Commands and Collaboration in the Origin of Human Thinking: A Response to Azeri’s “On Reality of Thinking”

Social Epistemology Review and Reply Collective 10 (3):6-14 (2021)
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Abstract

L.S. Vygotsky’s “regulative” account of the development of human thinking hinges on the centralization of “directive” speech acts (commands or imperatives). With directives, one directs the activity of another, and in turn begins to “self-direct” (or self-regulate). It’s my claim that Vygotsky’s reliance on directives de facto keeps his account stuck at Tomasello's level of individual intentionality. Directive speech acts feature prominently in Tomasello’s developmental story as well. But Tomasello has the benefit of accounting for a functional differentiation in directive communication—i.e., in collaborative activity, the command gives way to both the request and informational assertion. Lacking such differentiation, Vygotsky’s account runs the risk of playing to a rather strident conception of the socius, one more Machiavellian than Marxist.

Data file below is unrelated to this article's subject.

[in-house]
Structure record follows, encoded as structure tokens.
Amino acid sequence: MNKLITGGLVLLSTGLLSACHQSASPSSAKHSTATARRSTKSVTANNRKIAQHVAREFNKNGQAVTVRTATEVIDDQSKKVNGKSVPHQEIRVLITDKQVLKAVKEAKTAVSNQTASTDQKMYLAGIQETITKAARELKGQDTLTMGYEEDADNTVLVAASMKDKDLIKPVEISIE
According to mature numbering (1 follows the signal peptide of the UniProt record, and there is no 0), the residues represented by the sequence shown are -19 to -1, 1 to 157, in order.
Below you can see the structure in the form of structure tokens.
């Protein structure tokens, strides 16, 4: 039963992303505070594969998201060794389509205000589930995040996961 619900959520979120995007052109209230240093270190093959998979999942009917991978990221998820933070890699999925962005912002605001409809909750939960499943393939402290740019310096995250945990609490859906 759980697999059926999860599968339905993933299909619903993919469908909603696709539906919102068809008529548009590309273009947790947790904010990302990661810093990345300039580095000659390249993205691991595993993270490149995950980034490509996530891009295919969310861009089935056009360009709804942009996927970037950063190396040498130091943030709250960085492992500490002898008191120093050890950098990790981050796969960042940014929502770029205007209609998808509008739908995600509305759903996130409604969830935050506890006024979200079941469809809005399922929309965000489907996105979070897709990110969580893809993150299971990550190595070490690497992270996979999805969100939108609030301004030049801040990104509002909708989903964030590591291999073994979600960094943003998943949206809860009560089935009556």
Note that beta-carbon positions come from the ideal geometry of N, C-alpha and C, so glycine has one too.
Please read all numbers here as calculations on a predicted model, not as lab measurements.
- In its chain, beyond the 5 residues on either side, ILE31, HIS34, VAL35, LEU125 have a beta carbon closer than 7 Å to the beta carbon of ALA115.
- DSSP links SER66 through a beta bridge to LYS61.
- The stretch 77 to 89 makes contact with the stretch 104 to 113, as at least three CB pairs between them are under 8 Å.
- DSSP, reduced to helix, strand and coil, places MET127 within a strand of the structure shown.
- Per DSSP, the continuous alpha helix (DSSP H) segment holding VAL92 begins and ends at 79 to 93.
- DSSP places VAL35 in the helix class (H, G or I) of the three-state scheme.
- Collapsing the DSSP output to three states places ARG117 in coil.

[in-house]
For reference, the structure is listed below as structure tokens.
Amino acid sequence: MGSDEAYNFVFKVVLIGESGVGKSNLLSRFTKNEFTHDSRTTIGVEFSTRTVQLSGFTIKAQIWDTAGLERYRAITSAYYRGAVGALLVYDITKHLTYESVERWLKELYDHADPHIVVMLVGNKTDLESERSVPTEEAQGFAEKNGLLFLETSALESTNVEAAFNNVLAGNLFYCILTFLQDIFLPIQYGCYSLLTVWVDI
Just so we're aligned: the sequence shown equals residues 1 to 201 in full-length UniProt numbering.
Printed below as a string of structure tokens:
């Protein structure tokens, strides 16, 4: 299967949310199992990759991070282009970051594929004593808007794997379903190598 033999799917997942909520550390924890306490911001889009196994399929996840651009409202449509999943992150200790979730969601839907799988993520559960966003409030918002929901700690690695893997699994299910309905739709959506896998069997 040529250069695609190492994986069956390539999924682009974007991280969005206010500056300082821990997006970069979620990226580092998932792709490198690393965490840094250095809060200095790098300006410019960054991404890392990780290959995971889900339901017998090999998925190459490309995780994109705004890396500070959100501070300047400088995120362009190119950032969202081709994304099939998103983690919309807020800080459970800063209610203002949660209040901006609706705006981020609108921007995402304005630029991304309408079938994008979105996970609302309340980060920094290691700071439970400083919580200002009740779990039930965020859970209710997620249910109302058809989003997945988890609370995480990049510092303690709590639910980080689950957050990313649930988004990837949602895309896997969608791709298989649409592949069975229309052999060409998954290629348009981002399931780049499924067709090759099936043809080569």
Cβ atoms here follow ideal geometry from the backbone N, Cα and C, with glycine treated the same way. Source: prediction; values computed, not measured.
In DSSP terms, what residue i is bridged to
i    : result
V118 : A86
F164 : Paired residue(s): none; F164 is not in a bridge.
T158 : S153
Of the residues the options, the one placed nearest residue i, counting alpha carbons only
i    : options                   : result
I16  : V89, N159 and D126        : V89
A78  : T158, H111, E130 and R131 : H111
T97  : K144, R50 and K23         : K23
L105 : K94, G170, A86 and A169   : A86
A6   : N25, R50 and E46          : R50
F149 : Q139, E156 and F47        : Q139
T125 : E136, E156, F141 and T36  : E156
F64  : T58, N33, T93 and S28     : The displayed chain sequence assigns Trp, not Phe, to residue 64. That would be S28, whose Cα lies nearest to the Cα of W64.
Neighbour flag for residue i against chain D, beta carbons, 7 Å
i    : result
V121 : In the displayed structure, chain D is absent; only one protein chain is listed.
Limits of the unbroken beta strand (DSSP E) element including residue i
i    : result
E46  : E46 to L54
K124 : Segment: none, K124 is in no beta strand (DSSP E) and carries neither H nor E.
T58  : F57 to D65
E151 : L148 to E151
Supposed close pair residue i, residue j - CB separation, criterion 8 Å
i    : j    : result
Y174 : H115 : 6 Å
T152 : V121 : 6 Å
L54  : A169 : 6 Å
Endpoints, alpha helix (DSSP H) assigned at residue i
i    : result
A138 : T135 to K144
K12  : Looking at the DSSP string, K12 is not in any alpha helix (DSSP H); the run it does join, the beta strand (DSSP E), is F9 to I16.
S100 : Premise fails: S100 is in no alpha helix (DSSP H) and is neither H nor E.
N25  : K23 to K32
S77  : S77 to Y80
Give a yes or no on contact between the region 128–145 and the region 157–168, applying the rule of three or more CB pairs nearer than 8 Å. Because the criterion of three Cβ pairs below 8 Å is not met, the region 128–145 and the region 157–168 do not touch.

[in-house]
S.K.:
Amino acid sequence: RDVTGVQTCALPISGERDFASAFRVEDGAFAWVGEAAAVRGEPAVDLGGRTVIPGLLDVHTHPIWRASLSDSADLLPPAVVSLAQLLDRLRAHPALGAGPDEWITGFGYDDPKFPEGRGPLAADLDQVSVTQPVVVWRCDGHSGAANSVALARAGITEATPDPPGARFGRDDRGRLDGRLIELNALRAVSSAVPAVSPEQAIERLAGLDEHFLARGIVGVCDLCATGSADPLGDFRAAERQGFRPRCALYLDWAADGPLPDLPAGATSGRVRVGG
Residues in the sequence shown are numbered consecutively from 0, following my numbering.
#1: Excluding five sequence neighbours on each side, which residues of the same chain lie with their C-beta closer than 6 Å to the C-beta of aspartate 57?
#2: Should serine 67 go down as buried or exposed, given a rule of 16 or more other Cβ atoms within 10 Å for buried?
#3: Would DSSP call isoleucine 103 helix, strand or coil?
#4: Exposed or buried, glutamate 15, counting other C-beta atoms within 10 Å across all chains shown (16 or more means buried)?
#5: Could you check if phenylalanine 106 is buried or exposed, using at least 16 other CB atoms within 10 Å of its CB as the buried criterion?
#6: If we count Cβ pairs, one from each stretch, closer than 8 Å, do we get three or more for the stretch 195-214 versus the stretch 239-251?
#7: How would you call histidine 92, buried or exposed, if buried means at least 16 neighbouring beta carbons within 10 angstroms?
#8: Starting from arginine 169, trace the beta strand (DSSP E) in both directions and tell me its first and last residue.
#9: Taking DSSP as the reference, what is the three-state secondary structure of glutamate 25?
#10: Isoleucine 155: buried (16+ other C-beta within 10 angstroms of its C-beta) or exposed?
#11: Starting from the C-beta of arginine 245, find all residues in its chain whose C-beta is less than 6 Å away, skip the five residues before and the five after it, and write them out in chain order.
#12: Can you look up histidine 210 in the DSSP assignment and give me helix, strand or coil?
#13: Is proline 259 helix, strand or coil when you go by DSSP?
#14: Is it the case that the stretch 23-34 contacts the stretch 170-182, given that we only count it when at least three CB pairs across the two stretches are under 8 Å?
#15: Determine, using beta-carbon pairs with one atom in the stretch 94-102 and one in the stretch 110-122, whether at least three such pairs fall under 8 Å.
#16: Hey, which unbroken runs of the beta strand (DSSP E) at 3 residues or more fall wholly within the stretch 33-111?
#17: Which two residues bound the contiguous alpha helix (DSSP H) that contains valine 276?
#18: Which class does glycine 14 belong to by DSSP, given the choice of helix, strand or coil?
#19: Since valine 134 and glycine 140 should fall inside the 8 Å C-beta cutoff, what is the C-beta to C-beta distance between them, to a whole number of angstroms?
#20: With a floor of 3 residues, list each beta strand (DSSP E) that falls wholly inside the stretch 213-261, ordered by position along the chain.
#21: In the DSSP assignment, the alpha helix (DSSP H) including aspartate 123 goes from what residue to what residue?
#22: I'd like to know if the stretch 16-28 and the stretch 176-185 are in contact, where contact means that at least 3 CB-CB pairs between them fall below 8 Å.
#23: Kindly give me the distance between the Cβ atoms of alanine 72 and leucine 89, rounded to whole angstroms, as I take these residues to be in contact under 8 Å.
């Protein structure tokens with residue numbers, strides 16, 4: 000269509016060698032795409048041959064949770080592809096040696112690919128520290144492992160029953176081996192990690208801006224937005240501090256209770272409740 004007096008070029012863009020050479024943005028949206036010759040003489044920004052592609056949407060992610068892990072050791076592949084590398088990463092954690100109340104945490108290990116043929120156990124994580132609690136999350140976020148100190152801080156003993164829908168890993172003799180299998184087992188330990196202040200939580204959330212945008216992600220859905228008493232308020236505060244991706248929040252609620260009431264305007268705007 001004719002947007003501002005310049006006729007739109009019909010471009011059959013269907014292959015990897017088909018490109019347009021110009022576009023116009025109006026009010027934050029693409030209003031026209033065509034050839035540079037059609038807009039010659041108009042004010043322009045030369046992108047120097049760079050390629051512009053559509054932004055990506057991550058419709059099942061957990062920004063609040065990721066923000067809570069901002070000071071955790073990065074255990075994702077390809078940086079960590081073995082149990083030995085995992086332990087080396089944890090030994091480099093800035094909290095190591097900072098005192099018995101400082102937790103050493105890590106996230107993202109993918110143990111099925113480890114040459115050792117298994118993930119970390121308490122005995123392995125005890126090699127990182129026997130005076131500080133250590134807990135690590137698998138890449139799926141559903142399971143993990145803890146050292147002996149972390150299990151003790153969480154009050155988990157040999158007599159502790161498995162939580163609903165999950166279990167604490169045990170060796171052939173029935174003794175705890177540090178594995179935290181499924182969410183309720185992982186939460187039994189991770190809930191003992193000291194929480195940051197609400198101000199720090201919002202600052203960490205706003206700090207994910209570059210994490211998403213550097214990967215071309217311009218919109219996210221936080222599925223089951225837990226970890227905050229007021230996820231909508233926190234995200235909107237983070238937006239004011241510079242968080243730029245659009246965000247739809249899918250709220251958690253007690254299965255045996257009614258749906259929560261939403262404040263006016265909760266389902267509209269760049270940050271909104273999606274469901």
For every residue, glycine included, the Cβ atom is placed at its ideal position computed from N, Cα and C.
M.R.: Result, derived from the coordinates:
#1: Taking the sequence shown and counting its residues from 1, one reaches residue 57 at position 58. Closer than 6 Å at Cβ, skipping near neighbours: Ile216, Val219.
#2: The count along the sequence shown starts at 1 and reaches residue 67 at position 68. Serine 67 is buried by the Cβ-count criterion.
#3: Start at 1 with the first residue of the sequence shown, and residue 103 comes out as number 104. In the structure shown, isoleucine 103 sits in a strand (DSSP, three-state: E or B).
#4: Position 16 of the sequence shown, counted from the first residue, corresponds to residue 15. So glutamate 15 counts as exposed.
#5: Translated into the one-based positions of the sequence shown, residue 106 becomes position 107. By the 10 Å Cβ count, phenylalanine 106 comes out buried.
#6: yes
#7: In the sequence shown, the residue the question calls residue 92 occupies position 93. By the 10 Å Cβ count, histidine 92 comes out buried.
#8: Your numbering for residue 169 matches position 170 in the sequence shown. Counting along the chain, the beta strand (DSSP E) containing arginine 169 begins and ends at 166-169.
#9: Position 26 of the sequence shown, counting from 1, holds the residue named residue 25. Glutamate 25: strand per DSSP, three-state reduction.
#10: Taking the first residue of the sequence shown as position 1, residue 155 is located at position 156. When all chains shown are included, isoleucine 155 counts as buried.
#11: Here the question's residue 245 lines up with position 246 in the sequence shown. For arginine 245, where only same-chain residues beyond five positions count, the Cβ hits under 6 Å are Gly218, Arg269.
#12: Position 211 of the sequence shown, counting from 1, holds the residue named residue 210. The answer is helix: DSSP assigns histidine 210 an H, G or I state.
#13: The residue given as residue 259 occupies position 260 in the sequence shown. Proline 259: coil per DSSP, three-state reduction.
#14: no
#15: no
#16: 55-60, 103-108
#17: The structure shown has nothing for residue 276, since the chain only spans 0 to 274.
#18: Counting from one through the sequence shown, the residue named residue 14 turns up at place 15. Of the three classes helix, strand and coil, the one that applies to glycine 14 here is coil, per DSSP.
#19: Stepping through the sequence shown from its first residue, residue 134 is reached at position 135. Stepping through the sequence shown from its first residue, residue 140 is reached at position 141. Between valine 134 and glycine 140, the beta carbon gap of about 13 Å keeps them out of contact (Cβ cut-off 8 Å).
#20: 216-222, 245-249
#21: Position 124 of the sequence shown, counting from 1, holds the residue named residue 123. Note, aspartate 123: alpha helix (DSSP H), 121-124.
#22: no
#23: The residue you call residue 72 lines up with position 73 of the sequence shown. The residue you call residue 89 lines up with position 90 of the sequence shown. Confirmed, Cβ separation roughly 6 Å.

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Chris Drain
Dartmouth College

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